According to the brand, the final result is a soft and silky liquid that delivers an herbaceous and citrusy aroma of orange, lime, mandarin, balsamic blends, and incense. Its similar palate is softened by a layer of sweetness and a delicate mahogany finish.
Once the final recipe had been perfected by Cobianchi, he personally transcribed the exact ingredients, doses, and processes before locking it away in a safe to protect it from imitation. To this day, the recipe is only known in full by a select number of people involved in the distillation process. The recipe for Il Premio is even more highly guarded, and is distilled exclusively by Amaro Montenegro master herbalist Matteo Bonoli, who produces the distillate in a separate production facility.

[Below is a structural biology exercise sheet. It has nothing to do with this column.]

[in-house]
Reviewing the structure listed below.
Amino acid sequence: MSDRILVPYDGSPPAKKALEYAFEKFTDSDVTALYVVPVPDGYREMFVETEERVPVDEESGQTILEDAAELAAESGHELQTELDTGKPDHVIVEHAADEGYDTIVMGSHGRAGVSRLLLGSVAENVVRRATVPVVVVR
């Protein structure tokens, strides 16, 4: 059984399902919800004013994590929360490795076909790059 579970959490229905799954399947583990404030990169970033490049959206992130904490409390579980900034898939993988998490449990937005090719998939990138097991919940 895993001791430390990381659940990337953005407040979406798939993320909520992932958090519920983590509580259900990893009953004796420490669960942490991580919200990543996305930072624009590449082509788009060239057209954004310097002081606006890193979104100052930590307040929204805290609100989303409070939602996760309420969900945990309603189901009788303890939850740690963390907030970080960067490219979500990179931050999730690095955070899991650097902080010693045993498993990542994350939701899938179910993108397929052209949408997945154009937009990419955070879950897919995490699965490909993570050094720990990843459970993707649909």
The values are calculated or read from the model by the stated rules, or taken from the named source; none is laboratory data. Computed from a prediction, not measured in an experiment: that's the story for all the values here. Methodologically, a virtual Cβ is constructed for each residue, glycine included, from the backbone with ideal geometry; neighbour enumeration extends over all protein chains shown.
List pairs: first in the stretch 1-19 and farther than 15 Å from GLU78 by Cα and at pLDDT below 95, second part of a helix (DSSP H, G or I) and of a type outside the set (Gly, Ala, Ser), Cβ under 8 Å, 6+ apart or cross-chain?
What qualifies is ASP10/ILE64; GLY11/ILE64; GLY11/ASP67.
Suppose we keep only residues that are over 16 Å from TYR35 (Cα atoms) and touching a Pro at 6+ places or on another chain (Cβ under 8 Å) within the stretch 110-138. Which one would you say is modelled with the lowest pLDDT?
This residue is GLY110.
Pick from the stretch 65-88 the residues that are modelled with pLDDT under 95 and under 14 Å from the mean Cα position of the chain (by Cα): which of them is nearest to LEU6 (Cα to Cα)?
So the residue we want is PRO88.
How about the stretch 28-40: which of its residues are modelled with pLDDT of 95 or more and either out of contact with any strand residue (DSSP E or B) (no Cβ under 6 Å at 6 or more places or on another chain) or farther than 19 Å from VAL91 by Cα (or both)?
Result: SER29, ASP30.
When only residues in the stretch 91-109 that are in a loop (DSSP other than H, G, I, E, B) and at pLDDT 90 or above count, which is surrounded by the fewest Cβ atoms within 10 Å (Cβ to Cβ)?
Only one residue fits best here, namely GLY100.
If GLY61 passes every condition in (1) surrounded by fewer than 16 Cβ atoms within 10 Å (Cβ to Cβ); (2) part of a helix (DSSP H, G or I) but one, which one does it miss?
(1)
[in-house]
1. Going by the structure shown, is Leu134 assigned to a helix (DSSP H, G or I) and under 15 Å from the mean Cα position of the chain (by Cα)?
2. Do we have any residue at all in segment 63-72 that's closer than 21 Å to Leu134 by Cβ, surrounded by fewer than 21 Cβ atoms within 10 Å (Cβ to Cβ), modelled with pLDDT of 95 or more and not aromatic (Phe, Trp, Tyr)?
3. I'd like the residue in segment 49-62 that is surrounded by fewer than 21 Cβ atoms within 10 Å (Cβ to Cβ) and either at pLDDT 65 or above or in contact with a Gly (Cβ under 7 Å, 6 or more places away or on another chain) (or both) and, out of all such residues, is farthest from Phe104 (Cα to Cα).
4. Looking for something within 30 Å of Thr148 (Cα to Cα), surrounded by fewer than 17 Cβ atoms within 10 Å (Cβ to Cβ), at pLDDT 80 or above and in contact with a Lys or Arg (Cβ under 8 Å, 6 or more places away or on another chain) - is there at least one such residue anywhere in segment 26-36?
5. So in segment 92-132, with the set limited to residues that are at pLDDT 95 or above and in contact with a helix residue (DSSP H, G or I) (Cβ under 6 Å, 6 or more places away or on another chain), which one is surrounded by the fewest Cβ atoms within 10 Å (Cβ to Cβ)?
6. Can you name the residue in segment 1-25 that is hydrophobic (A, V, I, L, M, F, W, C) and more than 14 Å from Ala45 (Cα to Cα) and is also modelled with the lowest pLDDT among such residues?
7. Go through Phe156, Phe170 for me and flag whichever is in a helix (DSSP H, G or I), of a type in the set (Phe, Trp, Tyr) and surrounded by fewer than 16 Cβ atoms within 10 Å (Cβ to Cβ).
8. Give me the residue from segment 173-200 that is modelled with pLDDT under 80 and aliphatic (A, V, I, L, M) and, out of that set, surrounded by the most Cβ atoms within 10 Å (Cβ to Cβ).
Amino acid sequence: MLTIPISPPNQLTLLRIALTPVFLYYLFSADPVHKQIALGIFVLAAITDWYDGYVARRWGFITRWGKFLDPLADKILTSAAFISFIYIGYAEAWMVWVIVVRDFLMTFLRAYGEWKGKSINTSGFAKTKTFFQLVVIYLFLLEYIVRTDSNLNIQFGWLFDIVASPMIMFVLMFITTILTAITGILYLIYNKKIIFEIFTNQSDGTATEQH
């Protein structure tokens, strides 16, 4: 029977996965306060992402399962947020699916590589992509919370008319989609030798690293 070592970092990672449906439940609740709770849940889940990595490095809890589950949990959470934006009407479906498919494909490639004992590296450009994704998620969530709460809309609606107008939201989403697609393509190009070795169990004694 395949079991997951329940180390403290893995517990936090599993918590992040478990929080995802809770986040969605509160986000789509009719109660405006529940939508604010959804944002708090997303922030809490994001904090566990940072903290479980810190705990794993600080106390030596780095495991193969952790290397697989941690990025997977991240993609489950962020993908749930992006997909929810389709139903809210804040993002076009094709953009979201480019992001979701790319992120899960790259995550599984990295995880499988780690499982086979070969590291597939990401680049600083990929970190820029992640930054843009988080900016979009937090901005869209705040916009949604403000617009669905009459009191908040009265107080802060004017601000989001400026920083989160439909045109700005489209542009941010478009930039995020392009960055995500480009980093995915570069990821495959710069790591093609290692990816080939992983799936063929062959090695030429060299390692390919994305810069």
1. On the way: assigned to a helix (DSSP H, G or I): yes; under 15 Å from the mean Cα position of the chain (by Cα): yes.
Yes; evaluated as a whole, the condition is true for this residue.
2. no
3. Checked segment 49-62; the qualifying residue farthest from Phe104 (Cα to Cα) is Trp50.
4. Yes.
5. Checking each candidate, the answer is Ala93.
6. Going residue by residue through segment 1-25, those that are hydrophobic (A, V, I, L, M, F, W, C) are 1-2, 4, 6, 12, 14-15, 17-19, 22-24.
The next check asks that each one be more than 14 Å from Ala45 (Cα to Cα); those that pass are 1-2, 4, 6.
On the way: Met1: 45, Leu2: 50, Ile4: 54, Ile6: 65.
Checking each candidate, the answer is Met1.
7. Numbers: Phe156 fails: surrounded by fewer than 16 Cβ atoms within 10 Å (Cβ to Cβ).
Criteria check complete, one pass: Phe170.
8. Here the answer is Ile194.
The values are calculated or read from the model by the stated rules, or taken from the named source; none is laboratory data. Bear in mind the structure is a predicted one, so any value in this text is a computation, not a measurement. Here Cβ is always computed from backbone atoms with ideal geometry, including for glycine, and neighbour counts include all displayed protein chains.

If you’ve never worked in hospitality, you may be unfamiliar with handshake shots, or the off-menu shots bartenders share with fellow industry folks post-shift. Montenegro is now the star of what’s become one of the most widely known variations: the M&M. Short for Monte y Mezcal, the M&M pairs the bittersweet Italian liqueur with the smoky agave-based spirit in equal parts. It was first whipped up in 2012 when Marco Montefiori, Amaro Montenegro’s U.S. market manager, introduced it to his industry peers. The shot took off a few months later when it was popularized by bartender Robert Kruger at NYC cocktail institution Employees Only.